The U.S. has delivered its reply to recent Russian demands for sweeping security guarantees, including a withdrawal of NATO forces from Eastern Europe and hard assurances that Ukraine will never join NATO.
In parallel, NATO delivered its own written response to a separate set of demands that the Russians had made to the alliance.
Moscow issued its demands in the form of proposed security â€œtreatiesâ€ following an outcry by the U.S. and other Western powers over a huge Russian military mobilization on the Ukrainian border involving upwards of 100,000 troops as well as tanks, artillery and other sophisticated weaponry.
While the contents of the Western responses were not released, senior leaders have been clear they will not negotiate on Russiaâ€™s core demands even if they are willing to discuss other concerns. On Wednesday night, officials also made an effort to display a united front amid ongoing disagreements among allies over exactly how â€” and when â€”Â to punish Russia in case of an invasion.
â€œOur responses were fully coordinated with Ukraine and our European allies and partners,â€ U.S. Secretary of Antony Blinken said in remarks. But, he noted, â€œweâ€™re not releasing the document publicly.â€
NATOâ€™s responses were similarly done â€œin parallel with the United States,â€ NATO Secretary General Jens Stoltenberg said in separate remarks from Brussels.
Stoltenberg, U.S. President Joe Biden and other senior officials have described most of the Russian demands as â€œnon-starters.â€
In particular, they have insisted that only Ukraine and NATO will decide on its future potential membership in the alliance. Western officials have also said that if Russia wants to discuss its requests, it needs to answer Western concerns about Russiaâ€™s actions in recent years, including its invasion and annexation of Crimea, its role in the separatist war in eastern Ukraine and its use of chemical weapons against political opponents.
At his news conference, Stoltenberg called for restoring diplomatic channels between the alliance and Russia that have broken down in recent years, including the restoration of Russiaâ€™s diplomatic representation to NATO in Brussels and the reopening of NATOâ€™s office in Moscow, which Russia shut down.
Stoltenberg said NATO allies were willing to hear the Kremlinâ€™s concerns and requests but emphasized that the West had its own demands. He called on Russia to withdraw its military forces in Georgia, Moldova and Ukraine, which he said were stationed in those countries â€œwithout consent.â€ He also called for full compliance with international conventions on biological and chemical weapons.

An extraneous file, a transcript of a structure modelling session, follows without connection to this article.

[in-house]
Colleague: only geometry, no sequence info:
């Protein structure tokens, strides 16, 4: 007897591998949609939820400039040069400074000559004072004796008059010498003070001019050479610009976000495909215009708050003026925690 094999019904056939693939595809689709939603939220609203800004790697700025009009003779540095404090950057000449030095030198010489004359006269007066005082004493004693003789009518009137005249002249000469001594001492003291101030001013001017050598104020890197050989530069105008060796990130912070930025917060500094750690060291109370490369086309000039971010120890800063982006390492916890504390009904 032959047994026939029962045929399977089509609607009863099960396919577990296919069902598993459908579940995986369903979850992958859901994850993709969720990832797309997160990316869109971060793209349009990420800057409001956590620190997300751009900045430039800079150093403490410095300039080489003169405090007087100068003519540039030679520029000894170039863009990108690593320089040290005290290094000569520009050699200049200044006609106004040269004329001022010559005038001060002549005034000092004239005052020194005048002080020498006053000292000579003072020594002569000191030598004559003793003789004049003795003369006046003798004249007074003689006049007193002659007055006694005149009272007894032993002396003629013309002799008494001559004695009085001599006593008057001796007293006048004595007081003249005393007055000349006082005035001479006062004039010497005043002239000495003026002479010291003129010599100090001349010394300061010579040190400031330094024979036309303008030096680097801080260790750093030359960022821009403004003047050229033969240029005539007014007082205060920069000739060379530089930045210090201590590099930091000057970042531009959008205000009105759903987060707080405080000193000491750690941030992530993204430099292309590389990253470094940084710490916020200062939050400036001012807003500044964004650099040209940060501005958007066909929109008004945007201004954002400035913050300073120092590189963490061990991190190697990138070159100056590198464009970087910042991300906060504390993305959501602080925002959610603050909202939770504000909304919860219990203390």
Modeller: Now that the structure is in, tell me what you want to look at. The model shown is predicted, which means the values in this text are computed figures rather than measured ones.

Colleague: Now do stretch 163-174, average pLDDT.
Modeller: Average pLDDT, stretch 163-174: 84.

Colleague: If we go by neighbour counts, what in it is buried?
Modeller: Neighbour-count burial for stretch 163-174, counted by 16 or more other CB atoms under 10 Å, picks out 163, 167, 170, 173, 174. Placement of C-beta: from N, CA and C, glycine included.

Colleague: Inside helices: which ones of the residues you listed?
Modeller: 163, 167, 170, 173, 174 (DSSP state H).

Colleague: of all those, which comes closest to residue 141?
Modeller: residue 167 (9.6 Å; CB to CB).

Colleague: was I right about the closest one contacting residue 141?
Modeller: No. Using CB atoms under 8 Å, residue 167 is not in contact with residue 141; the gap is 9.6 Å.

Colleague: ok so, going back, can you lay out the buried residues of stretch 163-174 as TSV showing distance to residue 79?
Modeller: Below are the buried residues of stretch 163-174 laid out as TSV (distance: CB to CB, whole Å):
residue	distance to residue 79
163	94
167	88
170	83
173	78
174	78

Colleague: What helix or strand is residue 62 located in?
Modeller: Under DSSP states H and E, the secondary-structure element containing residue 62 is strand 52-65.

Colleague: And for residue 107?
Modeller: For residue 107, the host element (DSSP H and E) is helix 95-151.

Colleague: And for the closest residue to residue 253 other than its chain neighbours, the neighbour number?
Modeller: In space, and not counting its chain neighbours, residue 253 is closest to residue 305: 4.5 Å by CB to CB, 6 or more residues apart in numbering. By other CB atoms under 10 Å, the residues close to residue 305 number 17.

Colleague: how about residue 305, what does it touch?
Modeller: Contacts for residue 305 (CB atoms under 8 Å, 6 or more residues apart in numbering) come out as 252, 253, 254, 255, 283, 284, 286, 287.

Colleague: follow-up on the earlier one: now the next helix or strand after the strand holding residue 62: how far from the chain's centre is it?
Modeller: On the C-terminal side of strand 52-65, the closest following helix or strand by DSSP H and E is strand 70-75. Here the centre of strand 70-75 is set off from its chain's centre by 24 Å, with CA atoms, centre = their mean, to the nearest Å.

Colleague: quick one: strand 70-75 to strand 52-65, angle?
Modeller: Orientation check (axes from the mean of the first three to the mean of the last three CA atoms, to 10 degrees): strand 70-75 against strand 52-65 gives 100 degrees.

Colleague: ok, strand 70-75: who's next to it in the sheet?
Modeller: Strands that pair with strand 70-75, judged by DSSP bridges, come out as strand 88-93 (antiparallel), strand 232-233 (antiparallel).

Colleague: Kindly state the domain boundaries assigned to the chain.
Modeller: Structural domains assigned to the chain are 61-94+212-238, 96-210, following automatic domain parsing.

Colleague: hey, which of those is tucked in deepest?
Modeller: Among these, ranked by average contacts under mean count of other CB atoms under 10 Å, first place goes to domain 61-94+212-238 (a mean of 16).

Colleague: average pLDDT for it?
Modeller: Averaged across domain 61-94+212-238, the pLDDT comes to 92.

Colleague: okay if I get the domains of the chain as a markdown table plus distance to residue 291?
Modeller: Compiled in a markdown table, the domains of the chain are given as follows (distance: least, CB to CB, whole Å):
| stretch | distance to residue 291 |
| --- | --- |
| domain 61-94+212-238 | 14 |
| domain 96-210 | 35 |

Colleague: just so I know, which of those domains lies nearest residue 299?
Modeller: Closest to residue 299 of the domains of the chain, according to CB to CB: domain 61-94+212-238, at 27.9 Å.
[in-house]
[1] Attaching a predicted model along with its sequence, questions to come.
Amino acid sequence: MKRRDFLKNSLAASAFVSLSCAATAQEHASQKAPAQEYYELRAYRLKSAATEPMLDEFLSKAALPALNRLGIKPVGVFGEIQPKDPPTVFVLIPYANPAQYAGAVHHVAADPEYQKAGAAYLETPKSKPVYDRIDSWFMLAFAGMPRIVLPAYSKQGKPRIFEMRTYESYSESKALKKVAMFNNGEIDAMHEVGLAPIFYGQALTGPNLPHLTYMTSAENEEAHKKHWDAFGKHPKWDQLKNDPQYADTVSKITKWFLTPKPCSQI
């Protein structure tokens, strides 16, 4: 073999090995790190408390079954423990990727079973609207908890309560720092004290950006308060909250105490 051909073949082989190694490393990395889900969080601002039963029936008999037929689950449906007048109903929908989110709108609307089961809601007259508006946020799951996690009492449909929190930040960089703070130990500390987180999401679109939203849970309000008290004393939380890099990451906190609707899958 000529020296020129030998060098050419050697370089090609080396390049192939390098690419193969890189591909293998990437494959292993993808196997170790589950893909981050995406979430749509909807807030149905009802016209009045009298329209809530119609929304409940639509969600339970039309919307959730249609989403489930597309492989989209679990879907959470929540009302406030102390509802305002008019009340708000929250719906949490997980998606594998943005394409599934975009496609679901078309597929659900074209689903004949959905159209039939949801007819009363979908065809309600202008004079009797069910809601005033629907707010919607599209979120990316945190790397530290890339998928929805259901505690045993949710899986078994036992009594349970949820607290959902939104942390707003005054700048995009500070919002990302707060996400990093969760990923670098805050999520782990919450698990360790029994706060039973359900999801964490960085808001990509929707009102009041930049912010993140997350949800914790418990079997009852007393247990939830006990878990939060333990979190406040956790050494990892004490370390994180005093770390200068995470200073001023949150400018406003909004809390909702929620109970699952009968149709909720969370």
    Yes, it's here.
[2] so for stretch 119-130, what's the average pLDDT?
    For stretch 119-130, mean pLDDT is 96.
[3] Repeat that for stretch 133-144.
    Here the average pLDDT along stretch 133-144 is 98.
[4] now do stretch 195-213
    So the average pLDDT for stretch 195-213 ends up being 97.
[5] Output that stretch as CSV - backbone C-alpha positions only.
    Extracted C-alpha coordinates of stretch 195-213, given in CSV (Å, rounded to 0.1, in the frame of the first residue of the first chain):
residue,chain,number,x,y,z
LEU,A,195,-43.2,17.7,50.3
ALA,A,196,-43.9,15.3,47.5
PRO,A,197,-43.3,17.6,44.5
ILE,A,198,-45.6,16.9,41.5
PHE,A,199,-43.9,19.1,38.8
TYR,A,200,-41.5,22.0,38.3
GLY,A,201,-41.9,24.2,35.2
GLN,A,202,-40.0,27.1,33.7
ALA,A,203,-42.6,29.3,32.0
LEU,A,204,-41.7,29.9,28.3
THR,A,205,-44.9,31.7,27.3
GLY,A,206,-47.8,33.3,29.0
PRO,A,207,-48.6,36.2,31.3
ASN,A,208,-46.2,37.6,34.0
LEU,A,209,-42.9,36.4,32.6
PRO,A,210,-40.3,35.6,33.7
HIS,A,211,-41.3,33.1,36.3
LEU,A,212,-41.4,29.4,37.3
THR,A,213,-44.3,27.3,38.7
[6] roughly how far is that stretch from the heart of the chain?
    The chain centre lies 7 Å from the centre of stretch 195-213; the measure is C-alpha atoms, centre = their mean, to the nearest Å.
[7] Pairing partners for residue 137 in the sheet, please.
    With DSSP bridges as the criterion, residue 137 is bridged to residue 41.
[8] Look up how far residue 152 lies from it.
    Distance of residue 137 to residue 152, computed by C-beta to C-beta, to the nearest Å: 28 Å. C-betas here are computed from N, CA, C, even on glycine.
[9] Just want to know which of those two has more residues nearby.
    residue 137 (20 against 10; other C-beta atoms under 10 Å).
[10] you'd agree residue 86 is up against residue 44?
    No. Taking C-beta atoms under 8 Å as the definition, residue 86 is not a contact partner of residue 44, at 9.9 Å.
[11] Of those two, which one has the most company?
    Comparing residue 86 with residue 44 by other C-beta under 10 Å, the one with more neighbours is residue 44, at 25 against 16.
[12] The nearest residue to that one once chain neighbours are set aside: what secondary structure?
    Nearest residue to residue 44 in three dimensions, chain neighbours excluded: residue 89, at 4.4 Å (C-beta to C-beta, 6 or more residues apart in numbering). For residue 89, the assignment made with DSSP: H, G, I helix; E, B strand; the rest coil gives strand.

On the question of Ukraineâ€™s future membership, Stoltenberg suggested there was no willingness to give Russia any say. â€œWhat we have made clear is that we will not compromise on some core principles,â€ he said. â€œThis is about respecting nations and their right to choose their own path.â€
The responses had been highly anticipated, even if the content was not likely to be a major surprise. The delivery was seen as the next step in the high-stakes standoff between Russia and Western allies over its troop presence near Ukraine.
The Russian newspaper, Kommersant, reported that U.S. Ambassador to Russia John Sullivan delivered the U.S. written response Wednesday evening to the offices of Russiaâ€™s Foreign Ministry. A photo showed him arriving wearing a black facemask. A videoÂ posted by the Russian news site RIA Novosti showed Sullivan exiting the Foreign Ministry building amid snow flurries and departing in a black SUV without responding to a reporterâ€™s question.
Blinken said the U.S. reply was unequivocal about several principles, including the right of nations, like Ukraine, to choose their own alliances.
But he also noted the document mentioned areas where the two countries â€œmay be able to find common ground,â€ including arms control, nuclear treaties and transparency measures.
â€œWeâ€™re open to dialogue,â€ he said. â€œWe prefer diplomacy.â€Â
Stoltenberg acknowledged that the risk of conflict remained serious but said Western allies were holding out hope Russia would choose a diplomatic path.
â€œThereâ€™s no secret that we are far apart, and there are serious differences between NATO and Russia,â€ he said.
Shortly before news broke about the responses, Pope FrancisÂ posted on TwitterÂ urging prayers of peace for Ukraine.Â Â Â
â€œMay the prayers that today rise up to heaven touch the minds and hearts of world leaders,â€ he tweeted.
Paul McLeary contributed reporting from Washington, D.C., and Lili Bayer contributed reporting from Brussels.